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“I wasn’t always Sgt. Jamar Cotton. I wasn’t always an Aggie football player. I was that little black boy who didn’t have a choice,” Jamar Cotton told the Doña Ana County NAACP’s Martin Luther King Jr. breakfast Monday morning, Jan. 16.
Cotton, a sergeant with the Doña Ana County Sheriff’s Department, spoke to an overflow crowd at the Las Cruces Convention Center that included Mayor Ken Miyagishima, Mayor Pro Tempore Kasandra Gandara and City Councilors Yvonne Flores and Johana Bencomo; City Manager Ifo Pili and Assistant City Manager Ikani Taumoepeau; County Manager Fernando Macias, County Commissioner Manuel Sanchez and County Sheriff Kim Stewart; Third Judicial District Attorney Gerald Byers and District Judge Robert Lara; New Mexico State University Vice President for Inclusion and Diversity Teresa Maria Linda Scholz, Associate Provost for Student Success Patrick Turner and Head Football Coach Jerry Kill and members of the Aggie football team; Las Cruces Public Schools Superintendent Ralph Ramos and LCPS Board of Education President Teresa Tenorio; Temple Beth-El Rabbi Evette Lutman; Las Cruces icon Barbara Hubbard; Las Cruces Symphony Orchestra Director Emeritus Lonnie Klein; and long-time educator and storyteller Dorris Hamilton; among others.
“Today is the day,” Cotton said, with the audience echoing his words. “I can and I will be the difference. This is the power.”
The world today is “lacking in mentors and teachers,” Cotton said. So many people “need somebody to talk to them; need somebody to listen to them,” he said.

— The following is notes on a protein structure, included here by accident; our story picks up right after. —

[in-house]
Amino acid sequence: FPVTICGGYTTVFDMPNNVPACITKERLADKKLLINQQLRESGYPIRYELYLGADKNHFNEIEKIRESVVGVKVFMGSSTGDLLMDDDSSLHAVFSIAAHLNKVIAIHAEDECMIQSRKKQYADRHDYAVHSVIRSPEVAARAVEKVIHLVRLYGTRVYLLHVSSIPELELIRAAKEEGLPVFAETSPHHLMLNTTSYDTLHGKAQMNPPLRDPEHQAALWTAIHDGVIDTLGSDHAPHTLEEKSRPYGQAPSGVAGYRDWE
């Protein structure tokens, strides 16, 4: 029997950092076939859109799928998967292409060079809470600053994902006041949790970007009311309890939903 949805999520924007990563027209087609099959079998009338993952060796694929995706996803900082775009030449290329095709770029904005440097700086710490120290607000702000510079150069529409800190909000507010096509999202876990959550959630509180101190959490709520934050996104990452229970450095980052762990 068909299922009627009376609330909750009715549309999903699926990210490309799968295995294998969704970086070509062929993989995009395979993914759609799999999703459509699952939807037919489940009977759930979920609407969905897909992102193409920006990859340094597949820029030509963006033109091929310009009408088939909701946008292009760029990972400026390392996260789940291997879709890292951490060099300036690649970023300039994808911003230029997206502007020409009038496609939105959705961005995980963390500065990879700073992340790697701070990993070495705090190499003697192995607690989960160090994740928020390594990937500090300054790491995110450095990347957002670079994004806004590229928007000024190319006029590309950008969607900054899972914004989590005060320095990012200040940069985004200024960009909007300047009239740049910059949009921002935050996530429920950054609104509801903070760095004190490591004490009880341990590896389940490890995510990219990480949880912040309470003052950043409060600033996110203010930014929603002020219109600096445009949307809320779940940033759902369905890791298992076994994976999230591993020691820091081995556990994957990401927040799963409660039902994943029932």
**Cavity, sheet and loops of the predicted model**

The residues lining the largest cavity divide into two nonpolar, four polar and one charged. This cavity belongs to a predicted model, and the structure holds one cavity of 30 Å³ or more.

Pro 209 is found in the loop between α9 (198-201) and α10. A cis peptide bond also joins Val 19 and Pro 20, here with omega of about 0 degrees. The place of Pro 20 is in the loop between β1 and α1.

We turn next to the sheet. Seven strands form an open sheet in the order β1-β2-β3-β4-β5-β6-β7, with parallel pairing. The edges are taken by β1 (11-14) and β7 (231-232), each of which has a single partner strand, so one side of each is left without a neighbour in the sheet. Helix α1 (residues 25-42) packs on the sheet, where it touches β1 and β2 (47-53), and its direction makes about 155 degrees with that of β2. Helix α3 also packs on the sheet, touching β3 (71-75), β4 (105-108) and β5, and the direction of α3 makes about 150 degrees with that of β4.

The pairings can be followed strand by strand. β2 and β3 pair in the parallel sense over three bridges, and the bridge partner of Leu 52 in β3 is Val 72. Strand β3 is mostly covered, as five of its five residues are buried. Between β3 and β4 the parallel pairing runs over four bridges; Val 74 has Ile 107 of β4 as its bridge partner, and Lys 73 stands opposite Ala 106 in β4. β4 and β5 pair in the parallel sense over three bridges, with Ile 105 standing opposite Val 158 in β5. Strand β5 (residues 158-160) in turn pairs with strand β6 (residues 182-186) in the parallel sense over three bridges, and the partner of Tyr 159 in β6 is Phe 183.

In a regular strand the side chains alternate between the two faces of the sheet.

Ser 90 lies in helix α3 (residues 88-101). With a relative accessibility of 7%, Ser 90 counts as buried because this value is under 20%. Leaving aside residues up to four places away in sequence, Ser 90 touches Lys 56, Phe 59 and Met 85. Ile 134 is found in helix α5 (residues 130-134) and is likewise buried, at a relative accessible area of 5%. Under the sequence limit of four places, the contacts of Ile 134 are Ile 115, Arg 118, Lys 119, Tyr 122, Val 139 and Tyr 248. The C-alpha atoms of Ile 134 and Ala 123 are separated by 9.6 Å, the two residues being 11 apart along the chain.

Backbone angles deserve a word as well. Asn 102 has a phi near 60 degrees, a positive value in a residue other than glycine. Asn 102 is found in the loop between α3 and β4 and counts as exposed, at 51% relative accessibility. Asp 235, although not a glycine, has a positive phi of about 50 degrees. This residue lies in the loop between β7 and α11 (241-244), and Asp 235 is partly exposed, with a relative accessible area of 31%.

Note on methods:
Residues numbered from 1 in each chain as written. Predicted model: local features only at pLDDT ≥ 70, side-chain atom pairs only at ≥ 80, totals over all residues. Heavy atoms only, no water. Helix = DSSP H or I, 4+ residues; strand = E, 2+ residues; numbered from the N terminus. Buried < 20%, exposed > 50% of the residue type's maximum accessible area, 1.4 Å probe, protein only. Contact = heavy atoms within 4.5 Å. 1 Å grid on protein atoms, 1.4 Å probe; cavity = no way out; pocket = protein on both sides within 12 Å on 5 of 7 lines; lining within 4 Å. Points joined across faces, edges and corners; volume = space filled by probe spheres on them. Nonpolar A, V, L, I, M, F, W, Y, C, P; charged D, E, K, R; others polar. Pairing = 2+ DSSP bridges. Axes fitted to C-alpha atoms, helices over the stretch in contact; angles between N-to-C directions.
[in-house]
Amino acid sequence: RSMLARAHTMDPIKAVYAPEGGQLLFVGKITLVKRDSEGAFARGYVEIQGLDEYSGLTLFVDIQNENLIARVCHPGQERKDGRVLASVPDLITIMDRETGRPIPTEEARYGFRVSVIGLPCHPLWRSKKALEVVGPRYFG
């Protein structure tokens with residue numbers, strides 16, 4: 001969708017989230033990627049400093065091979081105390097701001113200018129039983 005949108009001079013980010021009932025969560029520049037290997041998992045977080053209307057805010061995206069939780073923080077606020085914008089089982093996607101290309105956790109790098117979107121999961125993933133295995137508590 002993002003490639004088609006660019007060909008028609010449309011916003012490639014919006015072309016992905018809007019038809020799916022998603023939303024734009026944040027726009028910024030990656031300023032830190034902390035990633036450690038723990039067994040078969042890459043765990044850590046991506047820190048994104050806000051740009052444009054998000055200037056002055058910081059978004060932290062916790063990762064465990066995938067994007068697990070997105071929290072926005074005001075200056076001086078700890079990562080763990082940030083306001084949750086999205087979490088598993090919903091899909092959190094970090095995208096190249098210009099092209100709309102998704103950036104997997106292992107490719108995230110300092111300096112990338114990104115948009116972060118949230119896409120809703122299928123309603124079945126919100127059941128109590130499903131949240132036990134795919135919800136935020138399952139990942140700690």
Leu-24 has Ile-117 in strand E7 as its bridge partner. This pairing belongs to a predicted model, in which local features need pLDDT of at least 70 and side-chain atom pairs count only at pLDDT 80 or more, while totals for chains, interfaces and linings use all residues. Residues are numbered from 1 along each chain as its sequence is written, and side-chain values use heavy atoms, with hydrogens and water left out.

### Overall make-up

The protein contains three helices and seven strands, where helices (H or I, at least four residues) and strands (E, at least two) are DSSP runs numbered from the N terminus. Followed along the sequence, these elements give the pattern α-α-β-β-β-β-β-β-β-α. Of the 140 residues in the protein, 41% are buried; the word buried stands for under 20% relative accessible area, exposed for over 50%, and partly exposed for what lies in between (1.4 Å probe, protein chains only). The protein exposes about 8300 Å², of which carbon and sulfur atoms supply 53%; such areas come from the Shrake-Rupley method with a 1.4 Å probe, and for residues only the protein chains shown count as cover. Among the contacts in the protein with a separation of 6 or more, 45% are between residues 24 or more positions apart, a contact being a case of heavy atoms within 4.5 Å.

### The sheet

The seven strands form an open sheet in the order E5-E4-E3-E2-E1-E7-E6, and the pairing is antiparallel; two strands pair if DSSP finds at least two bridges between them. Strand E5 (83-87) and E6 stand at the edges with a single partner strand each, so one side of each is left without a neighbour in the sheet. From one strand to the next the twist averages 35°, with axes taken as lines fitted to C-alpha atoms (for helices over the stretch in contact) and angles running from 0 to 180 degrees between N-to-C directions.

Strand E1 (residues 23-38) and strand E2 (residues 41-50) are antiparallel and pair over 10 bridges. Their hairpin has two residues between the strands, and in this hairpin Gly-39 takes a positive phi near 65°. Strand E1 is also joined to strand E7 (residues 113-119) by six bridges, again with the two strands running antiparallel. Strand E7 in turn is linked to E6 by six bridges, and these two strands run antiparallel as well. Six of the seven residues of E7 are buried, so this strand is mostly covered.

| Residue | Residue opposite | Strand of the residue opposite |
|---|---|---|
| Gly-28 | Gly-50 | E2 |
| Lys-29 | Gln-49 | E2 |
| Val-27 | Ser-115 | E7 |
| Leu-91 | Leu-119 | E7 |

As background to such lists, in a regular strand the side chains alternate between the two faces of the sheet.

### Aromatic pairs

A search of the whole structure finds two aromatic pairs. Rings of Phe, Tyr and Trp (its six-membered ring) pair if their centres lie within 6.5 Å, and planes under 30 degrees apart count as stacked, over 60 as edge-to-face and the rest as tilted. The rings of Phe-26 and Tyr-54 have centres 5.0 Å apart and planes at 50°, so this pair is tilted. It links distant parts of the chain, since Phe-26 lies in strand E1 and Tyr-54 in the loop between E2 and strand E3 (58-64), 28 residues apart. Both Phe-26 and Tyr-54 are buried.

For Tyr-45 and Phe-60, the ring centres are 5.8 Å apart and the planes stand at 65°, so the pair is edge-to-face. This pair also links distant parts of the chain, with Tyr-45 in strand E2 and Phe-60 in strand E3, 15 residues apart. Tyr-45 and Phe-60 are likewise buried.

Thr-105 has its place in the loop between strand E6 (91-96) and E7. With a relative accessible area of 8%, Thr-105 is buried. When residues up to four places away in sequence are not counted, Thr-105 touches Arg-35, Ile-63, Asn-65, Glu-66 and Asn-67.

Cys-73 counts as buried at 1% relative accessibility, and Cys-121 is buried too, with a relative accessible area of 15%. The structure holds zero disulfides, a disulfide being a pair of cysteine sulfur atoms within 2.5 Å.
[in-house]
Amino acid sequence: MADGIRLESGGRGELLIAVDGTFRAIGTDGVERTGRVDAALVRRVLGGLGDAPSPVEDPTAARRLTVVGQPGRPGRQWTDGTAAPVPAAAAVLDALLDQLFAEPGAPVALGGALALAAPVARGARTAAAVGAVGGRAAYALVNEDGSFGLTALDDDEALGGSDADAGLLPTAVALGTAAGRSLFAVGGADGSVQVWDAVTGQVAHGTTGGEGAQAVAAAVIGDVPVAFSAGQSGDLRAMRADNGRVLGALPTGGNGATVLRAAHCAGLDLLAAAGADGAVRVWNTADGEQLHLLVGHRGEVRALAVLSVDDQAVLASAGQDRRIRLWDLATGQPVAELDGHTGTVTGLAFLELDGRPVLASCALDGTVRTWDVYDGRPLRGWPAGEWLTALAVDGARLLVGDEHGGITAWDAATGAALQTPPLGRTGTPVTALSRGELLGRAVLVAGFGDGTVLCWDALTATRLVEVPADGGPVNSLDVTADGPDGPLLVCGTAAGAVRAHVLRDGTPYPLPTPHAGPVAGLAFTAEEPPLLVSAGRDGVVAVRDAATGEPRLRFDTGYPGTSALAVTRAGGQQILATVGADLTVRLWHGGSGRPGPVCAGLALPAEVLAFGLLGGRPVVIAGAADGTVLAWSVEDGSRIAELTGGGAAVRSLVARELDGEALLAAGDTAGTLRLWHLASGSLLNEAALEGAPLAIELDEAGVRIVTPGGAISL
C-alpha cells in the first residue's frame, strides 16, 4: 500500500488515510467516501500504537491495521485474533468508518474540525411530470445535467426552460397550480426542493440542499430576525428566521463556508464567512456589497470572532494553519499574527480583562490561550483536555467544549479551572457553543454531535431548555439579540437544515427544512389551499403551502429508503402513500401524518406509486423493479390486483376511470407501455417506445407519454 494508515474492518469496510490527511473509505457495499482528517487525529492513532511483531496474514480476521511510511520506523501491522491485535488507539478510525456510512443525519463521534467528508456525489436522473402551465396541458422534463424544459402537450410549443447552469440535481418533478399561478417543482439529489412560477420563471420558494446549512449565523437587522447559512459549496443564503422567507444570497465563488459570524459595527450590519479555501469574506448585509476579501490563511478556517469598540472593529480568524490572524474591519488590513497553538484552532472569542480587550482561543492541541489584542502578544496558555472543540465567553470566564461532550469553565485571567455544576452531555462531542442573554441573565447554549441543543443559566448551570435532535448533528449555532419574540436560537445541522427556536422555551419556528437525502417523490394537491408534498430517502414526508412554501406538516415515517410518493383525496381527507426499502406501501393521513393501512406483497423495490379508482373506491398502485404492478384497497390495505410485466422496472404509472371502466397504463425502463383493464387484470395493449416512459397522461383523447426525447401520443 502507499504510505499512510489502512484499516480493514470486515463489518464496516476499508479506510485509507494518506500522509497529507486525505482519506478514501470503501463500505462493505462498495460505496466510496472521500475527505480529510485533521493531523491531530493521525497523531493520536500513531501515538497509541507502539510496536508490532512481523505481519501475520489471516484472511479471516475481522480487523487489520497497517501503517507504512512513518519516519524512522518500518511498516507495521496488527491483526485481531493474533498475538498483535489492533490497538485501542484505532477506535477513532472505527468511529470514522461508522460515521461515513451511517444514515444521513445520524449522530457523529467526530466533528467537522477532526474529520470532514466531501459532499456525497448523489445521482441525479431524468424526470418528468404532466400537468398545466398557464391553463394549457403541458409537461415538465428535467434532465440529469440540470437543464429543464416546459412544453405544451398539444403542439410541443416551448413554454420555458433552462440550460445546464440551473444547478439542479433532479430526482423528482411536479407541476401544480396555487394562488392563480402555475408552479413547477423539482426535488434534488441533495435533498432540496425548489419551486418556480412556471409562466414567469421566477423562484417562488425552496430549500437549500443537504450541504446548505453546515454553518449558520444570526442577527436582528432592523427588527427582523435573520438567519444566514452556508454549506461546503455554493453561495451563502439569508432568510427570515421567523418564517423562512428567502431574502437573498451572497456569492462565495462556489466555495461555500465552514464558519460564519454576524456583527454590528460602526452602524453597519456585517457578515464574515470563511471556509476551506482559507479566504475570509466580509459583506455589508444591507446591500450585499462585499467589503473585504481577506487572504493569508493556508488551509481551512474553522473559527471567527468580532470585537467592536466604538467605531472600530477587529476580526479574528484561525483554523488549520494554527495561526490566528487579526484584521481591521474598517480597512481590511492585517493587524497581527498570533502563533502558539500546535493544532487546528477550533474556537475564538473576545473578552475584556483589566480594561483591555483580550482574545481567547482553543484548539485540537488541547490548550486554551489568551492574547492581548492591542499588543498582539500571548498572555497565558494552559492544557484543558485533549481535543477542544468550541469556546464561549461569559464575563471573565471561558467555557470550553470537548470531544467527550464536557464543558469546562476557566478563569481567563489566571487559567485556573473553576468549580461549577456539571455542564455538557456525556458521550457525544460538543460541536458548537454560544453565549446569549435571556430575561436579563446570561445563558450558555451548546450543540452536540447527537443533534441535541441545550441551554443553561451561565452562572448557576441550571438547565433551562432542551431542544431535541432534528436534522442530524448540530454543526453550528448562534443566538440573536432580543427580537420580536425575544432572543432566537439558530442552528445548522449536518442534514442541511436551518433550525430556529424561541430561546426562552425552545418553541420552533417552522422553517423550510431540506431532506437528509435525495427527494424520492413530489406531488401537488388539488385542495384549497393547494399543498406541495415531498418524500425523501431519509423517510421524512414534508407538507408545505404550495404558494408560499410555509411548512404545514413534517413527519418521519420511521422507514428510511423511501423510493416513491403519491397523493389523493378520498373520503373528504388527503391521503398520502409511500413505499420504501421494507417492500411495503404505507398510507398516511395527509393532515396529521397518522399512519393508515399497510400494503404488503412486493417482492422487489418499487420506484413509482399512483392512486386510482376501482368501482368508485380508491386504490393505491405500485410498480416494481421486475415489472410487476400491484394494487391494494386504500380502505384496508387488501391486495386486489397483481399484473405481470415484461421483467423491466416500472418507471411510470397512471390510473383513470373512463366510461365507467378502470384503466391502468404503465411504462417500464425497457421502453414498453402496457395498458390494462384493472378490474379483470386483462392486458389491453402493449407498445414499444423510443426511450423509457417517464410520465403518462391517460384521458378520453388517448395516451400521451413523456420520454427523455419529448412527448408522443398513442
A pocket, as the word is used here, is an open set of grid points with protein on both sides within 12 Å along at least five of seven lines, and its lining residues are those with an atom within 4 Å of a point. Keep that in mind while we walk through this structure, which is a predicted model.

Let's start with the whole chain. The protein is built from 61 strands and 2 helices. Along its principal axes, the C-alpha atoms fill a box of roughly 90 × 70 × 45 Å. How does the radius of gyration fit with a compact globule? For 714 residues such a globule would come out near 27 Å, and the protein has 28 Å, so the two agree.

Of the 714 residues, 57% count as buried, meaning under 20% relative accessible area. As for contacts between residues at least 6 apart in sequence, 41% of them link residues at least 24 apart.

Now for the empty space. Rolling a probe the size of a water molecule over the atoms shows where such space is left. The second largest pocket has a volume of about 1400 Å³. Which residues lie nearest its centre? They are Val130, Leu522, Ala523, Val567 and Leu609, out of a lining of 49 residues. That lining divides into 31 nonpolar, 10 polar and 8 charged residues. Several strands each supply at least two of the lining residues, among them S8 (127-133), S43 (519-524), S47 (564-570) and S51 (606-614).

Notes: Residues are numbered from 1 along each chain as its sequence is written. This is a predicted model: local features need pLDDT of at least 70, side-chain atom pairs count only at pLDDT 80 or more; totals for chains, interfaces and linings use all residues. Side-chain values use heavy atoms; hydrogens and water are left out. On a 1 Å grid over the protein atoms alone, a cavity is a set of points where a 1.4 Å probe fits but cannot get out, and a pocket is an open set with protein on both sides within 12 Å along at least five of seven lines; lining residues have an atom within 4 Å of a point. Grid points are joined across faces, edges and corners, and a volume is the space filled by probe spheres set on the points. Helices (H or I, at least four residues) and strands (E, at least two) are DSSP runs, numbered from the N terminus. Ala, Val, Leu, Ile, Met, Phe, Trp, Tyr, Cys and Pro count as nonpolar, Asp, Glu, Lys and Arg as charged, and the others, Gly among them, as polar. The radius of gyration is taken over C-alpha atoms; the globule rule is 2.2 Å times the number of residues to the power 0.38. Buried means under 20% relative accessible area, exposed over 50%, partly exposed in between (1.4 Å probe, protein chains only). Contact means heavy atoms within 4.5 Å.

For Cotton, the person “who believed in me” was his Irvington (New Jersey) High School track coach, Martin Hawkins.
“This man told me I could be a champion,” Cotton said. “I laughed at him.”
But Hawkins got Cotton into track, he said, where, by his senior year, he had become ranked in the top 15 nationally.
Cotton came to NMSU on a football scholarship and was an Aggie linebacker, 2006-10. He joined the sheriff’s department in 2010 and is today third vice president of the DAC NAACP and youth president of the New Mexico Martin Luther King Jr. State Commission Ambassador Program.
Citing issues that were important to King, Cotton said “Change is needed,” as are love, compassion and understanding; “justice for all, not some”; and equality – “We’re still fighting that battle,” he said.
“Silence is a big issue,” Cotton said. “We’re too quiet. We fail to speak up. This community doesn’t get better with you being quiet.”
Cotton closed with this quote from King: “If you can’t fly then run, if you can’t run then walk, if you can’t walk then crawl, but whatever you do you have to keep moving forward.”